Imagining what is possible: The first step of improvement

Imagining what is possible: The first step of improvement


The Life Coach School podcast is on my regular listening rotation as I always like to hear what uber-successful coach Brooke Castillo has to say. On episode number 221, she talks about possibility and imagination.

Brooke’s point is that when you talk to kids and young adults, they talk about their future and what is possible. Their imaginations are wide open – dreaming up all kinds of opportunities and ways to live their life. Up until the age of about 25, young people believe anything is possible for their future.  As people get older however, they look to their past for evidence about what is possible in their future. Brooke asks her clients, what result do you want in your life that you don’t have now? A new career?  Better relationships? A new hobby or passion? Weight loss? They say, I want to create this new thing in my life, but ‘I don’t know how’ and ‘I’ve never done it before.’

Possibly and Continuous Improvement

As I was listening, I immediately saw the correlation to continuous improvement. Those are the same things leaders and employees say when you challenge them to innovate, to create more value for the customer, to remove waste, and to improve their operations.

“We can’t.”

“We’ve never done it before.”

“We don’t know how.”

“It isn’t possible.”

But, innovation is achieved in exactly this way – by setting goals we don’t yet know how to achieve.

Set the Direction

In the Improvement Kata model created by Mike Rother in his book Toyota Kata, setting a direction or challenge is the first step of any improvement effort and is meant to be something you don’t currently know how to achieve. Something that is beyond what you think is possible. The challenge should differentiate you from the competition and finish the sentence, “Wouldn’t it be great if….” You know it’s a good one if it kind of makes you want to throw up.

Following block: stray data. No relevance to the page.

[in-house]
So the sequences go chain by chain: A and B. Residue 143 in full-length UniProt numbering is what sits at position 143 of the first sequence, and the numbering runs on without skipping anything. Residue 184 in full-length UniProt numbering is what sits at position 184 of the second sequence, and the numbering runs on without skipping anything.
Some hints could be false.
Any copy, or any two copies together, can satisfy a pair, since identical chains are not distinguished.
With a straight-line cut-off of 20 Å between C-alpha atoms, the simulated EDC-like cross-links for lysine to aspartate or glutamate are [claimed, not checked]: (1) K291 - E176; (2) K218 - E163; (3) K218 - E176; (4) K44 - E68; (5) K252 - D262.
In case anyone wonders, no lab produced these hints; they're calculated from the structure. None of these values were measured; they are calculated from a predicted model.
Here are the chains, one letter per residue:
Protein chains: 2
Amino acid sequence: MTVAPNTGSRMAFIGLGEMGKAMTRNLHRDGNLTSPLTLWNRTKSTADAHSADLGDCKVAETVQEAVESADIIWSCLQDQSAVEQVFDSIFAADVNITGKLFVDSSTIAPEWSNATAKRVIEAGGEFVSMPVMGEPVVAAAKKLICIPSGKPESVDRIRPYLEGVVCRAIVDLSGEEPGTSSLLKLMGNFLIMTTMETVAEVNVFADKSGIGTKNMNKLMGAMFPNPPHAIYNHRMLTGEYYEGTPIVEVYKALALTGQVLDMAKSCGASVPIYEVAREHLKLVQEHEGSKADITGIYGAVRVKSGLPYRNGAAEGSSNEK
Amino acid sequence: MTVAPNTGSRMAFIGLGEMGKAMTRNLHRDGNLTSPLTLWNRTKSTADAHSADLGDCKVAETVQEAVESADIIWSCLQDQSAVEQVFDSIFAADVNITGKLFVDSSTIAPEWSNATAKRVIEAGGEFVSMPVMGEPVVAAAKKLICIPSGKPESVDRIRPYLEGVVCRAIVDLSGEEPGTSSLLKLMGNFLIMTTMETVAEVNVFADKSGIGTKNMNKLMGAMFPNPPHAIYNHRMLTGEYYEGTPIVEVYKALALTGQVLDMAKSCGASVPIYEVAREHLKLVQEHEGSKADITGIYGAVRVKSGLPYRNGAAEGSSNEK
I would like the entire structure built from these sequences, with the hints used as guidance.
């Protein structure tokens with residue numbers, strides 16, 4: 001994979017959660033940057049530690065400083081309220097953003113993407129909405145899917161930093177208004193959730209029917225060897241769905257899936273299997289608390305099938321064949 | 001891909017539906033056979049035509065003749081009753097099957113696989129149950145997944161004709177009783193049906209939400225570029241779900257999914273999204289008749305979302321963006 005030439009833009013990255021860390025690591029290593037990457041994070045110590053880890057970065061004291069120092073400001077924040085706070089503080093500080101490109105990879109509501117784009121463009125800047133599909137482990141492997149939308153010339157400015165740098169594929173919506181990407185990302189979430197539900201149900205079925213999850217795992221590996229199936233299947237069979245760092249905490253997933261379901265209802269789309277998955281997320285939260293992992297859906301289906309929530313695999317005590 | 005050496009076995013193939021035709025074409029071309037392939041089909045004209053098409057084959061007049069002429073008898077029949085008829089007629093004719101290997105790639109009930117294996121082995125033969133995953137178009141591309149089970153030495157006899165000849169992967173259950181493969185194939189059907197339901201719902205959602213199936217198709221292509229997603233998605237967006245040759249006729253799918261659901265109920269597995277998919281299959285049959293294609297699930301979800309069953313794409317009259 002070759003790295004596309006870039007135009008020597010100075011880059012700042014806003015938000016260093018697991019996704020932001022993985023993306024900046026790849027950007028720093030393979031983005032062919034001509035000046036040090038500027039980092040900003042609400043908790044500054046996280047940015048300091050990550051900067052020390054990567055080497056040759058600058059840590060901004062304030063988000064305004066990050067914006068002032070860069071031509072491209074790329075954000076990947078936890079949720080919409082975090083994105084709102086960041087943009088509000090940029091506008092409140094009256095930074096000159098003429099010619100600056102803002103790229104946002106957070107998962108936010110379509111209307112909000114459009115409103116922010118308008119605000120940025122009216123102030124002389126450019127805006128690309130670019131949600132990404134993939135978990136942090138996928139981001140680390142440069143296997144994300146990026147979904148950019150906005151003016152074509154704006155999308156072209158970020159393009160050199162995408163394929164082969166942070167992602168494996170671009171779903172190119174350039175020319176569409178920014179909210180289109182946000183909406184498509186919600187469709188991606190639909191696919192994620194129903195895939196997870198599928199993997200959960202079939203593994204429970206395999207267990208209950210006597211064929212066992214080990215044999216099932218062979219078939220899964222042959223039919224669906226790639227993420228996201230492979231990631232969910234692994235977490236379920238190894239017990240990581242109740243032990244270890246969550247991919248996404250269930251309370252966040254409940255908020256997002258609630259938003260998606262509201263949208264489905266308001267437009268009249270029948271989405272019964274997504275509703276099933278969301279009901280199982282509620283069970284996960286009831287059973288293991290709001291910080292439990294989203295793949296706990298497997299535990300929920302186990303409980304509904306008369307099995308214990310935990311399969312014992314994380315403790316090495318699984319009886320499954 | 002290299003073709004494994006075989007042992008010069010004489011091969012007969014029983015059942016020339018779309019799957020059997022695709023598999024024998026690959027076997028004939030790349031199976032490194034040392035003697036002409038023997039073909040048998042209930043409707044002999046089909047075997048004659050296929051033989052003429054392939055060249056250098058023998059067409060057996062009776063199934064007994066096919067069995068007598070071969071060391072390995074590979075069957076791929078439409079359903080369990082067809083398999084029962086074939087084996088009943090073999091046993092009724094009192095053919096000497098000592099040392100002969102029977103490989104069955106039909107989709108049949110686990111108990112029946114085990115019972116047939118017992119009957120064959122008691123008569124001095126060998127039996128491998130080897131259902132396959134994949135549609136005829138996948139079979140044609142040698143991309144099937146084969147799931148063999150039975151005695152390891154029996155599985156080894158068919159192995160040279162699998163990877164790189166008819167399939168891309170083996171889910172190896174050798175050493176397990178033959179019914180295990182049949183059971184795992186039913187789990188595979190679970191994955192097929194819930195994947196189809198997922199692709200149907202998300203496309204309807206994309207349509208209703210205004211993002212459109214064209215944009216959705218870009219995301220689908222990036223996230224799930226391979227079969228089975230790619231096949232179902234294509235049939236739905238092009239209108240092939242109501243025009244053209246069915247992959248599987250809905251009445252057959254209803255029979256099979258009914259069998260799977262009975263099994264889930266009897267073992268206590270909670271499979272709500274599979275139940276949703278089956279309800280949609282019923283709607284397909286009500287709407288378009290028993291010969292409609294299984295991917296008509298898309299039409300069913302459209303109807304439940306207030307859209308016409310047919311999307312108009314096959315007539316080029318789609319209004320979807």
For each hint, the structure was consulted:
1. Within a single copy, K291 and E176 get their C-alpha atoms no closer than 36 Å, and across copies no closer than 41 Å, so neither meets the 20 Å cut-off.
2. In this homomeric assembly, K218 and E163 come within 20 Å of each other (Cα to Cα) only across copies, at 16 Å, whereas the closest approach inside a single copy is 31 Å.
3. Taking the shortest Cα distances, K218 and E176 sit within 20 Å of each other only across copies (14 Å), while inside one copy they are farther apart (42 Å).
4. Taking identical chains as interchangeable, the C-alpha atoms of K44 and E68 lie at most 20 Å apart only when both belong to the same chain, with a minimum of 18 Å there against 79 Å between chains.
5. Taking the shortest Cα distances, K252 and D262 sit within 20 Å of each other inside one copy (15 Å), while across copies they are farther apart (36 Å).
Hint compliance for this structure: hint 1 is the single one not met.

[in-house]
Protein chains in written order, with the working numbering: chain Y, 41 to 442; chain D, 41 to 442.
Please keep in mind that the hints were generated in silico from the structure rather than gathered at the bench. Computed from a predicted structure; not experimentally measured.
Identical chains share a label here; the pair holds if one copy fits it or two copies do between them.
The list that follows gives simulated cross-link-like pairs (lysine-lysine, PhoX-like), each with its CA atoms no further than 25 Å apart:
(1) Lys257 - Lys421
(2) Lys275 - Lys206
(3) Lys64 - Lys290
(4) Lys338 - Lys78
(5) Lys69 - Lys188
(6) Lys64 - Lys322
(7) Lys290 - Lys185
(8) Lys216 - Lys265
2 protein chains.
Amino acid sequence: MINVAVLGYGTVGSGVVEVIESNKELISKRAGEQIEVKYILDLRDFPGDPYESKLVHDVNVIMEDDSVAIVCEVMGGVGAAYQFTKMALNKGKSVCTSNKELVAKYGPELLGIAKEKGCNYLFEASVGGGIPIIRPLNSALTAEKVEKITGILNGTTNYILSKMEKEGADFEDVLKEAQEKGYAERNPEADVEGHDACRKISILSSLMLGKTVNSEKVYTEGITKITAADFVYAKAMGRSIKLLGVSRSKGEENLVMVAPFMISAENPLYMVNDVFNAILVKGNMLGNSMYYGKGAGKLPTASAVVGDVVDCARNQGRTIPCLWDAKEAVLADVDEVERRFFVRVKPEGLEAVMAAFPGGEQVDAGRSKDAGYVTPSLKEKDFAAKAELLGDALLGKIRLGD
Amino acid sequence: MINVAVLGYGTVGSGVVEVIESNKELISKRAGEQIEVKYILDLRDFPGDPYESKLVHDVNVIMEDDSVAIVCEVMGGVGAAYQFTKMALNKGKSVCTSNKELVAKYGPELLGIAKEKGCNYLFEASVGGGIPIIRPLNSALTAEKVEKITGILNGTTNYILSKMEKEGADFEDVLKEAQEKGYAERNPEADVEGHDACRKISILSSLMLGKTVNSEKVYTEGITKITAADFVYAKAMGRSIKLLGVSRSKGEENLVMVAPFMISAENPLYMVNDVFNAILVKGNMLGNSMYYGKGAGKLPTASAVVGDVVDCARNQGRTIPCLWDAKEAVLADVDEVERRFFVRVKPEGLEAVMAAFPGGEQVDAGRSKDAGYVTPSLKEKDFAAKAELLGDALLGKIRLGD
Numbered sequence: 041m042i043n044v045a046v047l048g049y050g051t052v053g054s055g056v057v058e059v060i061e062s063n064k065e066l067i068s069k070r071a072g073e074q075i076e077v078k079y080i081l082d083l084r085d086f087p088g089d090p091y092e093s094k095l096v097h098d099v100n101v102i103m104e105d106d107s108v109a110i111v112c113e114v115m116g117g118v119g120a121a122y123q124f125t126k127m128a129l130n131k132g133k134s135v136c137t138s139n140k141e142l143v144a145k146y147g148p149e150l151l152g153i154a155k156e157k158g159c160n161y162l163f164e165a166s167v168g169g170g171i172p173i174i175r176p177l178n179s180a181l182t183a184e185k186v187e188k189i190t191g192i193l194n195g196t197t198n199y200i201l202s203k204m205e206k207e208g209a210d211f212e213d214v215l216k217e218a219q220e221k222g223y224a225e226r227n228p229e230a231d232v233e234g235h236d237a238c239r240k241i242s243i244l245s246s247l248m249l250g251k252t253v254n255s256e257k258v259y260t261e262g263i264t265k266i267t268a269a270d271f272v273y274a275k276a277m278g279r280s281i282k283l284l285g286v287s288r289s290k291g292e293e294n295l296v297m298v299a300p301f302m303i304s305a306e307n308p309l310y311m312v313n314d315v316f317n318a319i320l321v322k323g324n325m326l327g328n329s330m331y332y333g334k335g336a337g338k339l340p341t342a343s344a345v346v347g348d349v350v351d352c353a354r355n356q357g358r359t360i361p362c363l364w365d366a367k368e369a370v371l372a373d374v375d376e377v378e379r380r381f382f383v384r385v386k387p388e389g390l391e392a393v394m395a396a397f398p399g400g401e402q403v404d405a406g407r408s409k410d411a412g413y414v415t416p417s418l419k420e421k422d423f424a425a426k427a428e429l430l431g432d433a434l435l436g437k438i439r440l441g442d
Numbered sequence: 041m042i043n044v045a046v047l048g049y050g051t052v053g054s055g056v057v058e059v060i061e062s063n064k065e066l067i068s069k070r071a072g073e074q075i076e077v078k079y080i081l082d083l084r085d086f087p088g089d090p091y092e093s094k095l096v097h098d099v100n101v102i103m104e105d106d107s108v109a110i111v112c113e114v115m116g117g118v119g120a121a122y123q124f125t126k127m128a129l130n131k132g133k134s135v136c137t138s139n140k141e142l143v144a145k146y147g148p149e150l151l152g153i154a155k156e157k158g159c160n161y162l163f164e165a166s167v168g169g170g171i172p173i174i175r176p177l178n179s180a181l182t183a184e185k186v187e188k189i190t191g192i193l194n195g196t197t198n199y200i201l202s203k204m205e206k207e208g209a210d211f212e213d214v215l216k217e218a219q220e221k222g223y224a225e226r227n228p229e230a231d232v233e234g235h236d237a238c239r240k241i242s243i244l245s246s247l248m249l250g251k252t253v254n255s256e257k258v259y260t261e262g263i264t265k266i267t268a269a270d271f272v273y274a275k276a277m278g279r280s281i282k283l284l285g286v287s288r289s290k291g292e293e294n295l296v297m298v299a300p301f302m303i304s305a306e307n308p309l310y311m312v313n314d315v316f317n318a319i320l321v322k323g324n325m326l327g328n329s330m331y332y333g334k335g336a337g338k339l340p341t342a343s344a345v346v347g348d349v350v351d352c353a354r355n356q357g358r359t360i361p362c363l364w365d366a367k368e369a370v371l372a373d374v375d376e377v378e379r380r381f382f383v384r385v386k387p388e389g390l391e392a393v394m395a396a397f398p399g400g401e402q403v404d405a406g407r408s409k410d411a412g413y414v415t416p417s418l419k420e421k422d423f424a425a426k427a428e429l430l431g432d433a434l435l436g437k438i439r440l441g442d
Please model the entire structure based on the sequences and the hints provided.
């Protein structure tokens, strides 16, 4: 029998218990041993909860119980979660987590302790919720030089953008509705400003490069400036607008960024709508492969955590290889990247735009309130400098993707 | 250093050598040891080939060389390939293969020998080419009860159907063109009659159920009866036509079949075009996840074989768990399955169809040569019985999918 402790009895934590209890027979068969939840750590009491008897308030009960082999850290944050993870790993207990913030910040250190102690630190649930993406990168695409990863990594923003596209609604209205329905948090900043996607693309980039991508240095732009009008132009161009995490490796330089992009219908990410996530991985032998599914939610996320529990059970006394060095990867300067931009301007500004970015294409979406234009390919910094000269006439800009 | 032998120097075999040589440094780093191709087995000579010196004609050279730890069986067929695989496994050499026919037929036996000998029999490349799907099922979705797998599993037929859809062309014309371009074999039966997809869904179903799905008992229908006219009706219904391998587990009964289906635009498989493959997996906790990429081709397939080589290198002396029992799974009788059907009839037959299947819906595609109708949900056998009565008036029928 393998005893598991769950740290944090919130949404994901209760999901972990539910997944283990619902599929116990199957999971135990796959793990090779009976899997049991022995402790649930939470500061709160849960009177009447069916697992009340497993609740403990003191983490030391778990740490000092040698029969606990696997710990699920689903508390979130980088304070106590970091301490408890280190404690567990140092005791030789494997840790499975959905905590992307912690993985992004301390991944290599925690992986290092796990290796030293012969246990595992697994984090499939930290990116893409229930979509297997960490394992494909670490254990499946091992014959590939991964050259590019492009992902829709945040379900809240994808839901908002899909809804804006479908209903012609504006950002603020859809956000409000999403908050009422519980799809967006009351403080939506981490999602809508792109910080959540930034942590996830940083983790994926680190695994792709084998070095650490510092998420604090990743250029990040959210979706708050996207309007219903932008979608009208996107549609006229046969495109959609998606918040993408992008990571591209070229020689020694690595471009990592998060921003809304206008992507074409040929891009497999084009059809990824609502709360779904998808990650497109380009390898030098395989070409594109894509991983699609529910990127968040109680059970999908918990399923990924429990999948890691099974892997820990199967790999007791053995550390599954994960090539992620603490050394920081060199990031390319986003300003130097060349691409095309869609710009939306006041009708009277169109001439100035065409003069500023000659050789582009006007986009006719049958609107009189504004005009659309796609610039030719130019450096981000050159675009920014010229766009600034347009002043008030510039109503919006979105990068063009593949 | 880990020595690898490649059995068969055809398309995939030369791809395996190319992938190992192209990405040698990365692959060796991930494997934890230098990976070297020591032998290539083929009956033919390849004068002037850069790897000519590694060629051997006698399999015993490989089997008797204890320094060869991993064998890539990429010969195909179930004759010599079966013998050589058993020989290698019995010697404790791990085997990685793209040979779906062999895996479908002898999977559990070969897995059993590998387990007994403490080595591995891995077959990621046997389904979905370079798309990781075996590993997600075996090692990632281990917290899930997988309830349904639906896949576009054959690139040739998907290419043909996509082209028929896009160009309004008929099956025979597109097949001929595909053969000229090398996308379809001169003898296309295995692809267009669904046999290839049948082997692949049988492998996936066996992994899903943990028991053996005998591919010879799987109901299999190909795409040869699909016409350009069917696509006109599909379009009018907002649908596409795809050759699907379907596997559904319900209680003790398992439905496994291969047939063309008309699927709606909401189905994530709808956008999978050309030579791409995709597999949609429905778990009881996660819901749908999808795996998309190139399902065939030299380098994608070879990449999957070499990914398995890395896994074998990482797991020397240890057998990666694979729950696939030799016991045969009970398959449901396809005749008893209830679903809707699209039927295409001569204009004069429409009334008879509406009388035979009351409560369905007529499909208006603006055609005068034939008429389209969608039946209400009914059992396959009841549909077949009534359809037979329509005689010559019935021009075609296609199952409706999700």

To Brooke’s point, even getting agreement to set this challenge is often difficult for people. They immediately think of all the reasons it won’t work.

I was recently coaching a client who was trying to decide what their challenge should be. After some analysis of their value streams and discussion I asked, would you be willing to set a goal to increase production on this line? Answer: I don’t think it’s possible. The client gave a list of reasons why production wasn’t higher including changeovers for different product types, unskilled labor shortages, skilled labor shortages, and machine breakdowns. Just like we do in our personal lives, he was looking to his past for evidence of what is possible in the future.

The material to build the future is in the future

The same thinking that is keeping us from setting dramatic personal or career goals is keeping us from striving to achieve operational excellence. With Toyota Kata, there is a routine to practice every day that helps you achieve those vomit-inducing goals.

  1. Set a direction.
  2. Grasp your current condition.
  3. Set a target condition.
  4. Experiment your way forward.

We don’t achieve big goals by making a six-month action plan and ticking off three items each day or by benchmarking other organizations and finding out how they did it. Setting big goals means understanding your obstacles and continuing to learn and experiment your way forward even when the ‘how’ you thought would work, doesn’t actually work.

As Brooke says, “the material to build the future is in the future.”


Photo by Michael Aleo on Unsplash

  • Kelly Cousineau
    September 27, 2018 at 9:30 am

    Love this premise Dorsey. DUH – the (apparently unachievable) goal is in the future and so are the (yet unknown) means to reach it. Thank you for the inspiration.

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